There are currently seven different gaming platforms out on the market: computer (PC, Mac, Linux, etc), DS, PS2, PS3, PSP, Wii, and Xbox 360. That’s a quite a lot of consoles if you ask me, but like any console generation, these consoles share a lot of games. Majority of playable games on the 360, I’m sure you could also find a PC version, a PS3 version or even a DS version of that game. This is a gaming generation unlike any other when more than at least 95% of the gaming library is multiplatform. Even some games considered as “exclusives” can be found to be multiplatform, especially in regards to those 360 games that can also be found on the PC. Gaming has evolved in a lot of ways as well so in many cases, many of these multiplatform games are of high quality and at times be even more worthwhile purchases than exclusives.
So why am I mentioning all this?
Well, I think that’s just one of the many reasons why while we have so many gaming platforms to choose from, just having one – at least the main HD systems like computer, PS3, or Xbox 360 – may actually be enough.
I personally only own the PSP, 60gb PS3 (thus, it can play PS2 and PSX games as well), and a really crappy laptop that can’t play anything more graphically demanding than an Xbox game like Fable, and only at the lowest settings. I used to have a Nintendo DS but I ended up losing it (I think it fell out of my backpack somehow). Now, it is true that I’ve had experiences with the other consoles since one of my closest friends is a video game collector but even so, I think I would be perfectly happy with just owning and playing on one of these consoles. Even with just the PSP or the PS3, there are still many great games to play on those system that it can be easy to ignore the other systems.
I guess having just one console or system would make fanboys out of us but with the gaming market so oversaturated (average of 300 games get released every single month), I think it’s inevitable that we come to consider one of our systems as the “main” console. If that’s the case, then perhaps it’s more economical to invest on just one console and buy games solely for that console. This would be a hard concept to accept for video game collectors but really, who needs and even has time for all video game platforms? Even discounting the handheld systems, there”s just far too many games for a single person to handle.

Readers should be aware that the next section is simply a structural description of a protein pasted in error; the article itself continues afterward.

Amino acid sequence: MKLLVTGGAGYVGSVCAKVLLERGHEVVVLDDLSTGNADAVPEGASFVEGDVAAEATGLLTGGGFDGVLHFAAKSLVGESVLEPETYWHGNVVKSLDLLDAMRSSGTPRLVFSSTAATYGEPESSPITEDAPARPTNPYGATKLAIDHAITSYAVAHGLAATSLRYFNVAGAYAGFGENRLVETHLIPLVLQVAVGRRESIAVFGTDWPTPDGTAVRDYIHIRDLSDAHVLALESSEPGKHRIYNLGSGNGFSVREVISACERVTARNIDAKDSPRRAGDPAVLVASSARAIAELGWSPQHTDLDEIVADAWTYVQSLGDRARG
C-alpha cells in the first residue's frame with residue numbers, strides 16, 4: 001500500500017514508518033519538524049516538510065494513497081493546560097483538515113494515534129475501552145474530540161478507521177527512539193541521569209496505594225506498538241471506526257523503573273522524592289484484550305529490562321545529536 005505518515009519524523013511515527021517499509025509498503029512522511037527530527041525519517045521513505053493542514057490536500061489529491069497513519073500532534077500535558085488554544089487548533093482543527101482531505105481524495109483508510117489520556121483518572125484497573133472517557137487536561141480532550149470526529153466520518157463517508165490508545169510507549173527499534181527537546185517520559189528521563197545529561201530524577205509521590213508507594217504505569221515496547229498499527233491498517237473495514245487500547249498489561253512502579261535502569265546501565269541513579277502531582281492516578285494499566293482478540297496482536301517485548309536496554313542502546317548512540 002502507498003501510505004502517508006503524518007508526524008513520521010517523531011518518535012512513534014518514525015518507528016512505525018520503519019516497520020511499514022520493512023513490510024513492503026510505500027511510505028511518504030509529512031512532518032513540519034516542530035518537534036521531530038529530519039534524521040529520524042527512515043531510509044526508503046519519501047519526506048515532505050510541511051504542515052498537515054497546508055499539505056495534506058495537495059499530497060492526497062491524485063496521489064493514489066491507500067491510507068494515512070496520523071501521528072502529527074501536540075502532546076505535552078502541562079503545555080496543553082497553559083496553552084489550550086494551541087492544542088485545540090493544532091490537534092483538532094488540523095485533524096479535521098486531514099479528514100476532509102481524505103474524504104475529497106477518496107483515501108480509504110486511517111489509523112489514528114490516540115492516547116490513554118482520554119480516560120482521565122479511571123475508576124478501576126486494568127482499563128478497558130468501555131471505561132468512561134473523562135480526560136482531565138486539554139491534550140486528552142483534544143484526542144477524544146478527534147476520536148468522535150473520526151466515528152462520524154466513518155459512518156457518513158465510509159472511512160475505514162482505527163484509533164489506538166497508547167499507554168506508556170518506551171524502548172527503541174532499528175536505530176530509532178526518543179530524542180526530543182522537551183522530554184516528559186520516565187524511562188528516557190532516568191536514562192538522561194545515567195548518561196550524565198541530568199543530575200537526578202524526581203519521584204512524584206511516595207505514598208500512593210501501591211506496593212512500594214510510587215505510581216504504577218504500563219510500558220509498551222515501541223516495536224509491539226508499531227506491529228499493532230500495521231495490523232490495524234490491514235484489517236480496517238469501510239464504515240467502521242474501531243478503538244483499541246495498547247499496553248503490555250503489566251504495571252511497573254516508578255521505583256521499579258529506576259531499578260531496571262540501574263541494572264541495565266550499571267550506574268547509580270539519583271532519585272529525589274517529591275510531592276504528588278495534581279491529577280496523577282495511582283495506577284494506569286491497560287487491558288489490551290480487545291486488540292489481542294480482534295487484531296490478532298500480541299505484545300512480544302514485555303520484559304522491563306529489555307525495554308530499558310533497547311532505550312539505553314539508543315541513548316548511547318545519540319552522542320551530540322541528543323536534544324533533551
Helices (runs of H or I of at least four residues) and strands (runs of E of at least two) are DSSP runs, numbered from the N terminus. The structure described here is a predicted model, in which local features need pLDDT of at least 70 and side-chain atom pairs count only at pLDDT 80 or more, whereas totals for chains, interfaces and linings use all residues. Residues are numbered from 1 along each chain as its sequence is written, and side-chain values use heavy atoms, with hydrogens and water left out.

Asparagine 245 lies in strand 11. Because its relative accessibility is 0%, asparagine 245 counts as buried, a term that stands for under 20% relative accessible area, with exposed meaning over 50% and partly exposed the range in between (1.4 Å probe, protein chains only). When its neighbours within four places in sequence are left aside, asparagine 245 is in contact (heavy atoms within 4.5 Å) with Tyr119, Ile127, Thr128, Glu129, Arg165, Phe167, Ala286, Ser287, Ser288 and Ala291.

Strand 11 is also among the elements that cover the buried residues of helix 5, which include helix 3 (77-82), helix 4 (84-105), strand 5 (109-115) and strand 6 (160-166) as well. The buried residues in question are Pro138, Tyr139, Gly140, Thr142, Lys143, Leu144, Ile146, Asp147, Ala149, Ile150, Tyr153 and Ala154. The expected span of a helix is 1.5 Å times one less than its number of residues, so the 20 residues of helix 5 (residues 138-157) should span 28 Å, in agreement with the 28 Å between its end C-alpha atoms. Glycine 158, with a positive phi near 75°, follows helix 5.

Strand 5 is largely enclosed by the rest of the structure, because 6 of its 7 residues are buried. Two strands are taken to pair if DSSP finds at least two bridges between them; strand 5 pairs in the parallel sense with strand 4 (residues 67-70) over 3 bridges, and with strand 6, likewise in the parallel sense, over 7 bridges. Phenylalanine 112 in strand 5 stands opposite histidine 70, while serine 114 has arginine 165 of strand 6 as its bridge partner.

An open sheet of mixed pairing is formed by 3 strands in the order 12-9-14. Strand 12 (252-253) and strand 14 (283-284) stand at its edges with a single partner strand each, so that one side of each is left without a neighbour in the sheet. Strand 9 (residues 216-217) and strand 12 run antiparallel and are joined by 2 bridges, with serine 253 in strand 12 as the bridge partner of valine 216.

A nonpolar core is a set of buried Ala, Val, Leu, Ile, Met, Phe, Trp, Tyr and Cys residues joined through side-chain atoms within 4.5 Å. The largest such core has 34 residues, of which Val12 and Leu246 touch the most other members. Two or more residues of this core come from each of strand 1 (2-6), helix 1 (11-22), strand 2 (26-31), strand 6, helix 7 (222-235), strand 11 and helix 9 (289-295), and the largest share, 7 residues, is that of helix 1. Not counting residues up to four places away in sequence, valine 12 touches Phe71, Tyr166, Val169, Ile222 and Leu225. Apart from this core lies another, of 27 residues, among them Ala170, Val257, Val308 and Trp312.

When owning multiple consoles, it’s only natural to have an obligation to buy games for all those consoles. Imagine owning a high-end PC, a PS3, and the Wii. Buying games for all three would be a very expensive feat and beyond that, it also requires a lot of leisure time. What is likely to happen is that the Wii would probably be left unplayed and collect dust for months while PC gets the dominant play time with the PS3 being played once in while when a good new exclusive comes out for it. For people with money, this doesn’t seem that big a deal, but really, if that’s the likely scenario then it’s kind of a shame that there wouldn’t be return investment on money that was spent so much on the PS3 and on the Wii.
Every gamer has that fantasy of owning every gaming console and trying out all the hot new games that come out and having a blast with all of them but while that’s a really sweet dream, I don’t think it’s a must. I think it may actually simply be much more beneficial, at least for regular consumers, to enjoy one or two platforms fully, instead of buying all these consoles with a lot of them acting as nothing more than dust collectors and placeholders.
Maybe I’m only speaking for myself here, but I mostly just play with my PS3 and my PSP and I don’t think there’s anything wrong with that. In fact, I’m quite enjoying it.